Although at one time as many as 50,000,000 Zoroastrians dominated an area stretching from what is now Rome and Greece to India and Russia, in 2006 that figure has dwindled to 124,000, 190,000 at the most according to a 2004 by Fezana Journal. That journal estimates that 11,000 Zoroastrians live in the United States, 6,000 in Canada, 5,000 in England, 2,700 in Australia, and 2,200 in the Persian Gulf nations.

In Iran, after the Muslims rose to power in the 7th century, historians say the Zoroastrian population was decimated by massacres, persecution, and conversions to Islam. Seven boatloads of refugees fled Iran and landed on the coast of India in 936 - their descendants are known as Parsis, and they built Mumbai into the world capital of Zoroastrianism.

Zoroastsrian Beliefs

Their beliefs include free will, and they do not proselytize - in Iran and India, because of their view that spouses should not be compelled to convert, priests often will refuse to accept converts for adopted children or the children of intermarried couples, especially when the father is not Zoroastrian. They pray anywhere, at home or in a temple. There are no priests, no hierarchy. Their basic doctrine is a universal ethical precept: good thoughts, good words, good deeds.

In her research to supply information about the Zoroastrians, Goodstein found many who assume that 100 years hence their numbers will have decreased even more.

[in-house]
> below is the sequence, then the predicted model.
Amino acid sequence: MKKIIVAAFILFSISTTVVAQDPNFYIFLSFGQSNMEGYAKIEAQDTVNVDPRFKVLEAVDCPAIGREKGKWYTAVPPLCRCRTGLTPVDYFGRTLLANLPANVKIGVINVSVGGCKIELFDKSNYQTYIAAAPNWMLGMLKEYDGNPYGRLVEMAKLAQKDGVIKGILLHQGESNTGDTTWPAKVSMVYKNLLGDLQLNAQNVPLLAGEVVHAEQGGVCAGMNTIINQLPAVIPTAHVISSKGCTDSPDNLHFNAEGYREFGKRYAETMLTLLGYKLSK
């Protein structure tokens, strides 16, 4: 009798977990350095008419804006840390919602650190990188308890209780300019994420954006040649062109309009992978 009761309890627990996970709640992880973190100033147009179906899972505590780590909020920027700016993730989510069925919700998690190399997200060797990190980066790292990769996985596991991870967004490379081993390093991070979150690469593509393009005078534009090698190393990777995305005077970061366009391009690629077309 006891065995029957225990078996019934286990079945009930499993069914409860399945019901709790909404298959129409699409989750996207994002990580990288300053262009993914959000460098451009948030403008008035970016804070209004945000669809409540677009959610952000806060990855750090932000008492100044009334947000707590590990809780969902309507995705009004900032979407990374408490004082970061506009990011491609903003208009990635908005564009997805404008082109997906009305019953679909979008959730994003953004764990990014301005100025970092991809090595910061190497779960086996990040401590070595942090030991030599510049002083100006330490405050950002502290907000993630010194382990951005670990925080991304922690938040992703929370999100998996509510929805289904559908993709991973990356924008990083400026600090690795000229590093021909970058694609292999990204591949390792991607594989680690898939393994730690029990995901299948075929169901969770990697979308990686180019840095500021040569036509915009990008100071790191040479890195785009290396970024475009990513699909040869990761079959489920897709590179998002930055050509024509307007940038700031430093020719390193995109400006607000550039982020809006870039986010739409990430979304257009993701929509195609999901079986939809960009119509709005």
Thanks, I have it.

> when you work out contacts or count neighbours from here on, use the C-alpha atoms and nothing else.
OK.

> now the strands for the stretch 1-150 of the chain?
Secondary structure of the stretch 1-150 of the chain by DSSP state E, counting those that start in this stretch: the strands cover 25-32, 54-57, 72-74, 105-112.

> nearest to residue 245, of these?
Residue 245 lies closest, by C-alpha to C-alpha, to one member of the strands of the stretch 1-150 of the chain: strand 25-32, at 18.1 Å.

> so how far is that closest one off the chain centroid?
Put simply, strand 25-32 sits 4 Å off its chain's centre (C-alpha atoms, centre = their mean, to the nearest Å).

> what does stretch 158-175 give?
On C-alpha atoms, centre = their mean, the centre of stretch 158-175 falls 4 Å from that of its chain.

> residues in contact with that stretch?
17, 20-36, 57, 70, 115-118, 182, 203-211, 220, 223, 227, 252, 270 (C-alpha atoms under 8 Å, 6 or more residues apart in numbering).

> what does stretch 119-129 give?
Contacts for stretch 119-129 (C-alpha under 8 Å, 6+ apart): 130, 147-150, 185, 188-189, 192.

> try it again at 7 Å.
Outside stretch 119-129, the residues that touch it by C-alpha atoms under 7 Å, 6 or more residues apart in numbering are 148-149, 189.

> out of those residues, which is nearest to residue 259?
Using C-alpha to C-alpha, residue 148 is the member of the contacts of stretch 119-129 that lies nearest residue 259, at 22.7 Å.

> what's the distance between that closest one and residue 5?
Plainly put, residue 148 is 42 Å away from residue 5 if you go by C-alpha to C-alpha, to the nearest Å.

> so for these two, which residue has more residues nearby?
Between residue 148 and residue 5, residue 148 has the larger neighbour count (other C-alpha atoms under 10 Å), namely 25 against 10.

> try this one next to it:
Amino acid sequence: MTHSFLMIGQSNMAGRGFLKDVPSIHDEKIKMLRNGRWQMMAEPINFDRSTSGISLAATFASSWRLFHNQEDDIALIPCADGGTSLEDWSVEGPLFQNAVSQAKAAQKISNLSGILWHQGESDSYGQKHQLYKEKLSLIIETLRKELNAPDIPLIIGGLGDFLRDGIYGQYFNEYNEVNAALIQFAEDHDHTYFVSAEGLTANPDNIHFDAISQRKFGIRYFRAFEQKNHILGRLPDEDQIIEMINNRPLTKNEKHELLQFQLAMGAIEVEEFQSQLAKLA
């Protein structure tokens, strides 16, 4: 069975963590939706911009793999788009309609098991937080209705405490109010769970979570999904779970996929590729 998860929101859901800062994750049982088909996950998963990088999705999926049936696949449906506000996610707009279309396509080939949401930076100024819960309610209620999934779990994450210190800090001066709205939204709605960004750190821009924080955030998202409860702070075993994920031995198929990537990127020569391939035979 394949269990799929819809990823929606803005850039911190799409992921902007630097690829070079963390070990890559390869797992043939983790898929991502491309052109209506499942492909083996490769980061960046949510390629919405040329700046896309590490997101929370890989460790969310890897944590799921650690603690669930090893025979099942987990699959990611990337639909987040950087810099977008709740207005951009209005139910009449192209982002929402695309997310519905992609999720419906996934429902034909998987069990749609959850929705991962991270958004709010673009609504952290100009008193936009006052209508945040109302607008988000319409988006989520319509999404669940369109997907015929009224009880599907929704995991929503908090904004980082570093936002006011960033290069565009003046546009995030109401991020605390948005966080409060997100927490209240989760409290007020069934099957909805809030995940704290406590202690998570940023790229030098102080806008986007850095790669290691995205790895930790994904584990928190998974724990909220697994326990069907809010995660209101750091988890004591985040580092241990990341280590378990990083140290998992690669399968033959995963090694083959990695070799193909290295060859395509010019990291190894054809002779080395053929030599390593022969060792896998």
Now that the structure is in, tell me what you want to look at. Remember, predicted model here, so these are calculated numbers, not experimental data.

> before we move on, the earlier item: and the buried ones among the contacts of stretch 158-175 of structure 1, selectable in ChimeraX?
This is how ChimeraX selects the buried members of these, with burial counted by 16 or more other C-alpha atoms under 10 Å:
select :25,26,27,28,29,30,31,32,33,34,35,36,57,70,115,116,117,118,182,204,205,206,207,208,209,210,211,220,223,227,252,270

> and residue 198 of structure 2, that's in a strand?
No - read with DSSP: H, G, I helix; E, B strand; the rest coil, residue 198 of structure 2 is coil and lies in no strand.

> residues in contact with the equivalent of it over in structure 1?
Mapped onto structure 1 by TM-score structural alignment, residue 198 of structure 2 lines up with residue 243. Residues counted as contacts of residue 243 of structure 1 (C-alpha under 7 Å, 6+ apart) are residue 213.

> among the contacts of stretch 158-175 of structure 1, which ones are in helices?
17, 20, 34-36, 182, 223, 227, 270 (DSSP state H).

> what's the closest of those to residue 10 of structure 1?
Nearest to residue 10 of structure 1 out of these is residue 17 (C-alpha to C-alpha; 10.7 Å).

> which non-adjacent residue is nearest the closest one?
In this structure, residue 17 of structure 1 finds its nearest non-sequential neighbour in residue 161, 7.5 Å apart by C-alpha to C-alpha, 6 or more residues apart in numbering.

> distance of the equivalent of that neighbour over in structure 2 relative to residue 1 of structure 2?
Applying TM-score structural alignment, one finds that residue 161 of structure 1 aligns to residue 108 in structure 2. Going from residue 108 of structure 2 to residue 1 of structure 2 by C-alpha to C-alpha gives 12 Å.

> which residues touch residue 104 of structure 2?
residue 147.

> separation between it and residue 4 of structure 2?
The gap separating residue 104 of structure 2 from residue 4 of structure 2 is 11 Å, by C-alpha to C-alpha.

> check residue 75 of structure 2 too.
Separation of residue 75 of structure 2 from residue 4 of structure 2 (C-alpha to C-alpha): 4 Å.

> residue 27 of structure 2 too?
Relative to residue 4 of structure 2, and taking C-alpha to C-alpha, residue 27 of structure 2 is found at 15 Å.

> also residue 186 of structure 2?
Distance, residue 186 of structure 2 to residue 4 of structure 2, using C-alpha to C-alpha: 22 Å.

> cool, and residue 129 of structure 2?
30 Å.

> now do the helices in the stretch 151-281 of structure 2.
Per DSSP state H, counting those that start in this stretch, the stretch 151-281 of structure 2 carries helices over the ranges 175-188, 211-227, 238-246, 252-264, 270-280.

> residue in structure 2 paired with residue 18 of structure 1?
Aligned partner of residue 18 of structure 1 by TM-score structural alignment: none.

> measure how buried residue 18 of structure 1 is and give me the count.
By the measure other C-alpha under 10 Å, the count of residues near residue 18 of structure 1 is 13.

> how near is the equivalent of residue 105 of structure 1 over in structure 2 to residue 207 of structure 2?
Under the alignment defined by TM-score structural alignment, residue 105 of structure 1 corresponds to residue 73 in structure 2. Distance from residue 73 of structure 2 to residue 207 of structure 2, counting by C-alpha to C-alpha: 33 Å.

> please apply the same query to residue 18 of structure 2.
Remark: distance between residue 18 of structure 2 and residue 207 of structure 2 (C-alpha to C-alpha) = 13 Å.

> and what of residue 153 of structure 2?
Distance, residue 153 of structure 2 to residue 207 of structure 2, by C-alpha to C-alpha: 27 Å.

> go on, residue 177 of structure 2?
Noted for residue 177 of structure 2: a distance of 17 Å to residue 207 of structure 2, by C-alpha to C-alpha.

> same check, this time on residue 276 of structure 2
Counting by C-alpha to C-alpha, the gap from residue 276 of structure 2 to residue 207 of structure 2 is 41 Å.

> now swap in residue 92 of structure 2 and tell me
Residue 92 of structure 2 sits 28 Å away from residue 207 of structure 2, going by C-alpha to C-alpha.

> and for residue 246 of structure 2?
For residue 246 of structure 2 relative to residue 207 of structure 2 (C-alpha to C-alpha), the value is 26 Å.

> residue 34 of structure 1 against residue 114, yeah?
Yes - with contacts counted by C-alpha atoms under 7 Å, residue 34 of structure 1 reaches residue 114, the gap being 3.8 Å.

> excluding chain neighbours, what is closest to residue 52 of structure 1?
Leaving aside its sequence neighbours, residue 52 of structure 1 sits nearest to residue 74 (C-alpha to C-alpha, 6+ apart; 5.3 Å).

Dr. Bahram Varza, who points out that the Zoroastrian religion is the fist universal and monotheist religion in history, laments that when some Iranians are asked, they cite Sura 9 Ayah 28 of the Koran, describing the Zoroastrians as fire worshipers and - like Jews, pagans, and Christians - unclean people. However, Varza points out many other misunderstandings of the religion:

  • Zarathustra, never assumed prophethood. He never claimed he had associated with the Lord of the Cosmos whose wide galaxy extends more than 36 milliard (36 thousand million) light years, something we cannot imagination. Zarathustra never ordered his followers to perform certain activities, but he recommended that they try to know the creator of the earth and heaven and adopt good manners on the basis of their wisdom. He never claimed that he had a mission to bring any message from God to human beings.